Nov 18, 2013
Google has entered into a $17 million settlement with 37 states and the District of Columbia after the company was found to circumvent privacy settings in Apple's Safari browser. Between 2011 and 2012, Google secretly stored web tracking cookies in Safari, overriding Apple's default settings that forbid third-party cookies from being installed. "By tracking millions of people without their knowledge, Google violated not only their privacy, but also their trust," New York Attorney General Eric Schneiderman said in a statement. His state will receive $899,580 of the settlement money.Read Article >
Last year, Google agreed to pay another settlement of $22.5 million in response to similar complaints from the FTC. Users have also tried unsuccessfully to sue the company directly over the privacy blunder; a judge dismissed their class action lawsuit last month. For its part, Google has always maintained that the cookie incident was a mistake, one that the company quickly corrected after it was publicized. "We work hard to get privacy right at Google and have taken steps to remove the ad cookies, which collected no personal information, from Apple’s browsers,” the company said in its statement. Google's FTC settlement terms allow the company to avoid admitting any wrongdoing.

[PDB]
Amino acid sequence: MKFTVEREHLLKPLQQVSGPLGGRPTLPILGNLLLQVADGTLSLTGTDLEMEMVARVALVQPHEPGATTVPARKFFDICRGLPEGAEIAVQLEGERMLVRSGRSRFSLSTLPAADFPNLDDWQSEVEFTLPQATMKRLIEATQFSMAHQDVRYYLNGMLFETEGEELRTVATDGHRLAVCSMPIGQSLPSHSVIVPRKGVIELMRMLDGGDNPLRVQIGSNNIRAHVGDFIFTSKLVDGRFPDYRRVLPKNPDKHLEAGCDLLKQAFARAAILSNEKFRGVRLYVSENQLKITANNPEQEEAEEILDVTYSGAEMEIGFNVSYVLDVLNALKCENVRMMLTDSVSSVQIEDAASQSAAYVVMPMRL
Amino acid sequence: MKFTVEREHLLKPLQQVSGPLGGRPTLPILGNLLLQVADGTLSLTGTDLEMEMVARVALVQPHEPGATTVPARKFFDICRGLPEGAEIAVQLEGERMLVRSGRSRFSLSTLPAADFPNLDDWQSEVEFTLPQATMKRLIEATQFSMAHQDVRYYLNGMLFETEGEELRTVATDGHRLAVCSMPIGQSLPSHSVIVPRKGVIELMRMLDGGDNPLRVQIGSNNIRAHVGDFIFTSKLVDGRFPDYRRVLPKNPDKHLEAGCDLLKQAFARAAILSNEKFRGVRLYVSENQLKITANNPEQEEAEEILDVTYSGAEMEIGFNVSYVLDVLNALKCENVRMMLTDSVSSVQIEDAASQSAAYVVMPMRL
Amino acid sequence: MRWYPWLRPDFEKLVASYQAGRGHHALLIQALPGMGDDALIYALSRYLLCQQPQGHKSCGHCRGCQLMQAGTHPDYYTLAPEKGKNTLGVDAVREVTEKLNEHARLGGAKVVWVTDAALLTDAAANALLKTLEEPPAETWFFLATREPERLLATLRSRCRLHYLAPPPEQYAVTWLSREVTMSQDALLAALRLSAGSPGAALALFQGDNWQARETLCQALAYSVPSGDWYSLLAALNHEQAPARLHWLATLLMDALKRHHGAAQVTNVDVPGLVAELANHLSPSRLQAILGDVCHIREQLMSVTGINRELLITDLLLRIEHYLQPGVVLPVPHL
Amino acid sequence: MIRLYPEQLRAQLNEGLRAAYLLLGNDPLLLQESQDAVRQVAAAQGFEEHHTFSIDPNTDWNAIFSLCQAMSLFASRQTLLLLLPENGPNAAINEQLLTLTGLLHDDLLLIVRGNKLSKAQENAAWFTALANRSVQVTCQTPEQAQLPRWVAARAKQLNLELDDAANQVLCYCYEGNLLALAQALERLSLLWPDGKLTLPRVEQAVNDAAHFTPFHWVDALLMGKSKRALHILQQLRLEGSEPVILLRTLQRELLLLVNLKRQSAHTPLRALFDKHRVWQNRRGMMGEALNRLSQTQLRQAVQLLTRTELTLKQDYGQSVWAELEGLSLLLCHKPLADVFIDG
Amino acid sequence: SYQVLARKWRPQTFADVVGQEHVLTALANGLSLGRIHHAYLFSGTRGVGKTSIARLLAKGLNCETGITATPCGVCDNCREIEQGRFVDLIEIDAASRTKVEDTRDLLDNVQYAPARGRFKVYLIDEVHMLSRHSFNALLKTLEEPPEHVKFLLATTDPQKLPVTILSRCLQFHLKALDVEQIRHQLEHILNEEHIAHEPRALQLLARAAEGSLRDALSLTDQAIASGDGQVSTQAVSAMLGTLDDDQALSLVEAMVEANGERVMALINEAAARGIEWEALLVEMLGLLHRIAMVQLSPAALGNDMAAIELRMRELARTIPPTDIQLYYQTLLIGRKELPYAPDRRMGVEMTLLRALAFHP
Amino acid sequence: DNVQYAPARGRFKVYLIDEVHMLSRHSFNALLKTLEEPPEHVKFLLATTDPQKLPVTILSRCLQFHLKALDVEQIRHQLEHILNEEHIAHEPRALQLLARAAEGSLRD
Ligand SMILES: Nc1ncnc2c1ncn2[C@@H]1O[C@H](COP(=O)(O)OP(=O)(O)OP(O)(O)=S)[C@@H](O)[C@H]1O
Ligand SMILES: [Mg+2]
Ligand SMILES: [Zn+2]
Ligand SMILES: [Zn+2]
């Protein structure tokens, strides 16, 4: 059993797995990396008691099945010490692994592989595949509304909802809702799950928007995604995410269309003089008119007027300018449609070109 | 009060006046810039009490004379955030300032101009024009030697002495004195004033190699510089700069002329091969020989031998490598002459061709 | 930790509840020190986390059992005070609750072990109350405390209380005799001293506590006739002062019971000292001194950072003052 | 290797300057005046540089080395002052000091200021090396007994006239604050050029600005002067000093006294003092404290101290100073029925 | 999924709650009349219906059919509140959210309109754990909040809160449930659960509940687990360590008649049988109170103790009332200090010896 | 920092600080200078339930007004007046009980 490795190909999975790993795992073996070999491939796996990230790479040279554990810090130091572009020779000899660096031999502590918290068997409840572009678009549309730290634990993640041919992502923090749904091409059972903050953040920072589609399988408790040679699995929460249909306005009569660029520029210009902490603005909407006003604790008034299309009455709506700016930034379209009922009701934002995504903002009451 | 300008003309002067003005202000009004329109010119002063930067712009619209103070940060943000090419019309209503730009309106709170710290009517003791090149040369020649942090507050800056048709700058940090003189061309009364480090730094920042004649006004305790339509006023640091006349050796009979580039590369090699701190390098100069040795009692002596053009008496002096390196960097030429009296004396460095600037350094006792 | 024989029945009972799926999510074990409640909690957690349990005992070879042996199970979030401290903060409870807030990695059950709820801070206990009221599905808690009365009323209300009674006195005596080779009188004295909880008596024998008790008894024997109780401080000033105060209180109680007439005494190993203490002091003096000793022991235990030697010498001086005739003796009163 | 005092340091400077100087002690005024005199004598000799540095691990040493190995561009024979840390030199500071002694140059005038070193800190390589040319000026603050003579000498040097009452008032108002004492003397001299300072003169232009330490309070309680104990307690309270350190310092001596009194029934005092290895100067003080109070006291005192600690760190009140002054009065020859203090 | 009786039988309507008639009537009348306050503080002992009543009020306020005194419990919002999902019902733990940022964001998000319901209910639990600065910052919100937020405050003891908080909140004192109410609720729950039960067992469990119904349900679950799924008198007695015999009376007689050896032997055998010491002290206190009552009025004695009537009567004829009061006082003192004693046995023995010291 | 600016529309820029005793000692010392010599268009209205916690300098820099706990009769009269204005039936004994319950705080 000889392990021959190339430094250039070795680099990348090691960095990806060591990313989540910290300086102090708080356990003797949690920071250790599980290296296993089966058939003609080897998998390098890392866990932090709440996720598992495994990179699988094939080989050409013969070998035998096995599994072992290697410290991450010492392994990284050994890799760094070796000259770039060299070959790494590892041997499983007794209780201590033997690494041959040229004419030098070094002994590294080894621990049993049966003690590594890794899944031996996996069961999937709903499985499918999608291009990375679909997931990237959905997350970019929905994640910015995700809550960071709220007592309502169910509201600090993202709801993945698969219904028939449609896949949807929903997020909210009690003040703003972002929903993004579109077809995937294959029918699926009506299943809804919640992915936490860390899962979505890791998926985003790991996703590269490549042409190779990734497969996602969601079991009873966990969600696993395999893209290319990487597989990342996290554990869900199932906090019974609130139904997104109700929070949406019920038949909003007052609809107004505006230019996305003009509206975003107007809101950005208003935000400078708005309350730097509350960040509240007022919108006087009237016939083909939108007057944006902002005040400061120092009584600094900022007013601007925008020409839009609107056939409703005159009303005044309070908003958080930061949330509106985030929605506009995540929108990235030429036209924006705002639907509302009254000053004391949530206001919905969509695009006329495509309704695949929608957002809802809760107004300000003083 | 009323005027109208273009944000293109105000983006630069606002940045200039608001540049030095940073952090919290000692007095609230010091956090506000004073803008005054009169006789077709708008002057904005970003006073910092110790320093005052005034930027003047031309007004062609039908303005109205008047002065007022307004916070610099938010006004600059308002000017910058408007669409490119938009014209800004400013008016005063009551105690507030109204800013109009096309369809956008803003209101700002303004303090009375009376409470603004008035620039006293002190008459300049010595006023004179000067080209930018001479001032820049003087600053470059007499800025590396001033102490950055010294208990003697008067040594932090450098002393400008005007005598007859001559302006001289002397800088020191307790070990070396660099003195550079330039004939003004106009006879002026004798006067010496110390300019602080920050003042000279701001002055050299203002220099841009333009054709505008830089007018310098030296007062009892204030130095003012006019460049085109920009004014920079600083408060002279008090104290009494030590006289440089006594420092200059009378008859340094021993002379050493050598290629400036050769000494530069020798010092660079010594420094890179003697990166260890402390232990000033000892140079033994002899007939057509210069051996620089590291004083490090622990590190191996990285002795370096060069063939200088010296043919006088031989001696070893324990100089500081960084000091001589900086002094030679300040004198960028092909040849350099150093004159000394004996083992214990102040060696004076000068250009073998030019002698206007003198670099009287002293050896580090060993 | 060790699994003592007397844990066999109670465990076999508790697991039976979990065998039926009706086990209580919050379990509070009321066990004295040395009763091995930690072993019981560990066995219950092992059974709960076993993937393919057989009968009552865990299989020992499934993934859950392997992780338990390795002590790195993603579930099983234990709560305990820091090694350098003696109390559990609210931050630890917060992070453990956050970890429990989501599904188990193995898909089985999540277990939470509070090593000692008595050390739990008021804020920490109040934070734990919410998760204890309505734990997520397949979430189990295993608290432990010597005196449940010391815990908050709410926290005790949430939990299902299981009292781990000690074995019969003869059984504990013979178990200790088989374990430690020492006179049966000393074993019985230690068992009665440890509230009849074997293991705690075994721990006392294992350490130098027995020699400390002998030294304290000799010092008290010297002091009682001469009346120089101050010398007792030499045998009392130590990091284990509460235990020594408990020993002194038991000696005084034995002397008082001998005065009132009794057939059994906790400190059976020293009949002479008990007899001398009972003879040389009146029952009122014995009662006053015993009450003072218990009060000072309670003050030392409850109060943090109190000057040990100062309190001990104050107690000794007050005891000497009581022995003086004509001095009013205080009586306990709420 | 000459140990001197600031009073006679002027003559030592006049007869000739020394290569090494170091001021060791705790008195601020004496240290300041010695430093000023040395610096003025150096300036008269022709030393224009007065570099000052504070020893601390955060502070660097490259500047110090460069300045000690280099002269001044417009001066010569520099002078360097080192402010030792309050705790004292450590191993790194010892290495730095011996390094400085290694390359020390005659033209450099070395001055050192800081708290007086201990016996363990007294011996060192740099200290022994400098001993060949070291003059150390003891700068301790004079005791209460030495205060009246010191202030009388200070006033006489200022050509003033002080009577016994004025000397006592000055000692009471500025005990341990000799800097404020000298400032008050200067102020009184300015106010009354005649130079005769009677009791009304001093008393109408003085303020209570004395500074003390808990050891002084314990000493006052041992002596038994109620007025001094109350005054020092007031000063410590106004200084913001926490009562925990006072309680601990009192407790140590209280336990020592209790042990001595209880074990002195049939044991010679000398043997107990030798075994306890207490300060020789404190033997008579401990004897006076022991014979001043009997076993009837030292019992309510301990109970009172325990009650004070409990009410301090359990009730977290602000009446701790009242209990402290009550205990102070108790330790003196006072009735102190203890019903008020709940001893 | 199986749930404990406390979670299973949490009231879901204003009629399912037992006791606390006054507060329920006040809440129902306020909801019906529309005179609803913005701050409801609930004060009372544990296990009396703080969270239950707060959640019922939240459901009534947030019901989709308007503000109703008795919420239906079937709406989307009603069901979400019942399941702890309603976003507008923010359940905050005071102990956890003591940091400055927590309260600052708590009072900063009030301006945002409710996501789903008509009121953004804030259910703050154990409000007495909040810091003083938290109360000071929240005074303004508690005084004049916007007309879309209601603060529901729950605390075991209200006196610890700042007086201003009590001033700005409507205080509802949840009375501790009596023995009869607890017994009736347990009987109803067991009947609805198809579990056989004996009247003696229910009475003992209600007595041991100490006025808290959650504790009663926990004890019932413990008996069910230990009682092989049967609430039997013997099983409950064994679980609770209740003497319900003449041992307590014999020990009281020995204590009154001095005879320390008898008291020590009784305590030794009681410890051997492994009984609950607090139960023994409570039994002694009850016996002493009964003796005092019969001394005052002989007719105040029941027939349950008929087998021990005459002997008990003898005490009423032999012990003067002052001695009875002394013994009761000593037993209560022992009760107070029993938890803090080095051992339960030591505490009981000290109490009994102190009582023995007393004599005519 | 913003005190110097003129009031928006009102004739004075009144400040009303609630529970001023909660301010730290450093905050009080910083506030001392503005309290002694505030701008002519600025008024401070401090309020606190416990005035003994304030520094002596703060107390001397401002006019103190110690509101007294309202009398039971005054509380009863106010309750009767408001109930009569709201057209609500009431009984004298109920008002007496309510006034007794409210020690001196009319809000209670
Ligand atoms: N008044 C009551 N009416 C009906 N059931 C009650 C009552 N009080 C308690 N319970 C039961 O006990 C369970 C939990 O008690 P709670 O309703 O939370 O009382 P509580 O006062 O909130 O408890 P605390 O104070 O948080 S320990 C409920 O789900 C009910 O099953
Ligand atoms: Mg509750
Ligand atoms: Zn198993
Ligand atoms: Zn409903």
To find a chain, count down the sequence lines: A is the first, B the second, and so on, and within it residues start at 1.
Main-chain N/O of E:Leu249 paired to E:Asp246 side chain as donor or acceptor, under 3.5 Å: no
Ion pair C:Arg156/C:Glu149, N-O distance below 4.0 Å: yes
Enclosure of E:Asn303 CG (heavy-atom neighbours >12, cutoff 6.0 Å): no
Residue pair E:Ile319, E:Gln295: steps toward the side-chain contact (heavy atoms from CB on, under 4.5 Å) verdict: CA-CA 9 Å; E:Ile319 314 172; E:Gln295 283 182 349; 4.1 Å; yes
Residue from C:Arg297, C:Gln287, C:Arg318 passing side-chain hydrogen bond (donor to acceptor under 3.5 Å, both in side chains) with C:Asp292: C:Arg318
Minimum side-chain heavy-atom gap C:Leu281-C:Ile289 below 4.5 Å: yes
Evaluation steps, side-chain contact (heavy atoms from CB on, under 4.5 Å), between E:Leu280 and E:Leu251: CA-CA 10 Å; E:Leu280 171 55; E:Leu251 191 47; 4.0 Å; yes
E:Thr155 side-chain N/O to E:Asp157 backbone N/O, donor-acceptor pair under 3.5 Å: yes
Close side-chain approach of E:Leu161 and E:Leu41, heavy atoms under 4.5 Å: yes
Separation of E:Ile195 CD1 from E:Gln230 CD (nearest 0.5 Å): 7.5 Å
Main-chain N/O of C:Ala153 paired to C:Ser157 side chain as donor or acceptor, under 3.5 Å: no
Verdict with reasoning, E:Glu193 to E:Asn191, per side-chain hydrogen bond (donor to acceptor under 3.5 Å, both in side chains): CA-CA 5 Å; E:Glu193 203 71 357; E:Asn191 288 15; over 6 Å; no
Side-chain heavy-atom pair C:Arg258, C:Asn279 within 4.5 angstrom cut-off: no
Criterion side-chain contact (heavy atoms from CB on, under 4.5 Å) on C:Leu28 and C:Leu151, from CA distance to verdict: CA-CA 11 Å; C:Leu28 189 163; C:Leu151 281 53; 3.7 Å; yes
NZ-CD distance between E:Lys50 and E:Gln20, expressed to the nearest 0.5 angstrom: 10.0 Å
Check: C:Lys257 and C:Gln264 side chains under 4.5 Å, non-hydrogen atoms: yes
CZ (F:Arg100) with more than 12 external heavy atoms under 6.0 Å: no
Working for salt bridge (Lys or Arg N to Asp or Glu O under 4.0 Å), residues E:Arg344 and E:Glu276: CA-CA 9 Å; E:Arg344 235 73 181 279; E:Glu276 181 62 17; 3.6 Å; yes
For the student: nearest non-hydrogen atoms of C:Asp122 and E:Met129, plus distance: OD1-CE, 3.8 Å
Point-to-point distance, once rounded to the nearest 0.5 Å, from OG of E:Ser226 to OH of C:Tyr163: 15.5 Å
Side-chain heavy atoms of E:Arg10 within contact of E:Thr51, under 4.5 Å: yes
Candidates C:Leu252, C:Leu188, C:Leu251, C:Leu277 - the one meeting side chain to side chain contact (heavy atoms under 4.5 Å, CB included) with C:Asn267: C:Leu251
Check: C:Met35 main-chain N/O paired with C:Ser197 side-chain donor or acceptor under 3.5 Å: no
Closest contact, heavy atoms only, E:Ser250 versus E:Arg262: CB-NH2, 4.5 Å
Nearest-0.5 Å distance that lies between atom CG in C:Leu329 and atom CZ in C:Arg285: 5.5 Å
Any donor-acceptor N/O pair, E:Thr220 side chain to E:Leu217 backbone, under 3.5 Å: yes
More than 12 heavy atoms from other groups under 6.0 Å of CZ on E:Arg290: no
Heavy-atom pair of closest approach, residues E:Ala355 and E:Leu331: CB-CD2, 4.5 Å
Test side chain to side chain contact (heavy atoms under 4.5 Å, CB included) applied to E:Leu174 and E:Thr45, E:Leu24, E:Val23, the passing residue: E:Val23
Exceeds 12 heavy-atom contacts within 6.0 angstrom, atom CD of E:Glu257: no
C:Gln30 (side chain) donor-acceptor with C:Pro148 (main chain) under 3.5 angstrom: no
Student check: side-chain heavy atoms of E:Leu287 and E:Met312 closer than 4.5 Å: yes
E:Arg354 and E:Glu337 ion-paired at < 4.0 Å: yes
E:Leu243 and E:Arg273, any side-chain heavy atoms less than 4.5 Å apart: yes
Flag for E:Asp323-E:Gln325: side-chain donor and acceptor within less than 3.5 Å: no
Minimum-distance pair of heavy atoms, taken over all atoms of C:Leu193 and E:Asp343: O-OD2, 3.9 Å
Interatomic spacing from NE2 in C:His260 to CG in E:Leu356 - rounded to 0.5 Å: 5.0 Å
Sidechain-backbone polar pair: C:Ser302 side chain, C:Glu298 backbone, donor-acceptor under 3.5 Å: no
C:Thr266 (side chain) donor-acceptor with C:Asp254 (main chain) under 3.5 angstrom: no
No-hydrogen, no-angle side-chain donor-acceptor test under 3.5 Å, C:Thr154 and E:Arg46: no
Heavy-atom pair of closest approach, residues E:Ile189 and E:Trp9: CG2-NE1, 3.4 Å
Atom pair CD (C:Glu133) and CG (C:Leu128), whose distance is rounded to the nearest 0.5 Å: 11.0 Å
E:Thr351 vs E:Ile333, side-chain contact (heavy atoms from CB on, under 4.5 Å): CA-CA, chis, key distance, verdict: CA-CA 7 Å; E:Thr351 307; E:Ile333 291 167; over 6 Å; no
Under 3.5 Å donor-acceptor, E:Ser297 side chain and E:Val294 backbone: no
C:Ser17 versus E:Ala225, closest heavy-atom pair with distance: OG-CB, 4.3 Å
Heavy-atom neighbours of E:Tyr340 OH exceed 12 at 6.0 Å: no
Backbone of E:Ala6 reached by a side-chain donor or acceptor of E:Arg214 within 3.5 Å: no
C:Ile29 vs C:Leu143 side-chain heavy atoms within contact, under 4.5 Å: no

Oct 10, 2013
A Delaware judge has dismissed a class-action lawsuit against Google for secretly storing Safari cookies even when users had opted out. In a ruling from yesterday, Judge Sue Robinson wrote that the plaintiffs — who had filed suit under a variety of privacy and anti-hacking laws — hadn't proved real harm under any of them, nor had they convincingly argued that Google had violated their legal rights.Read Article >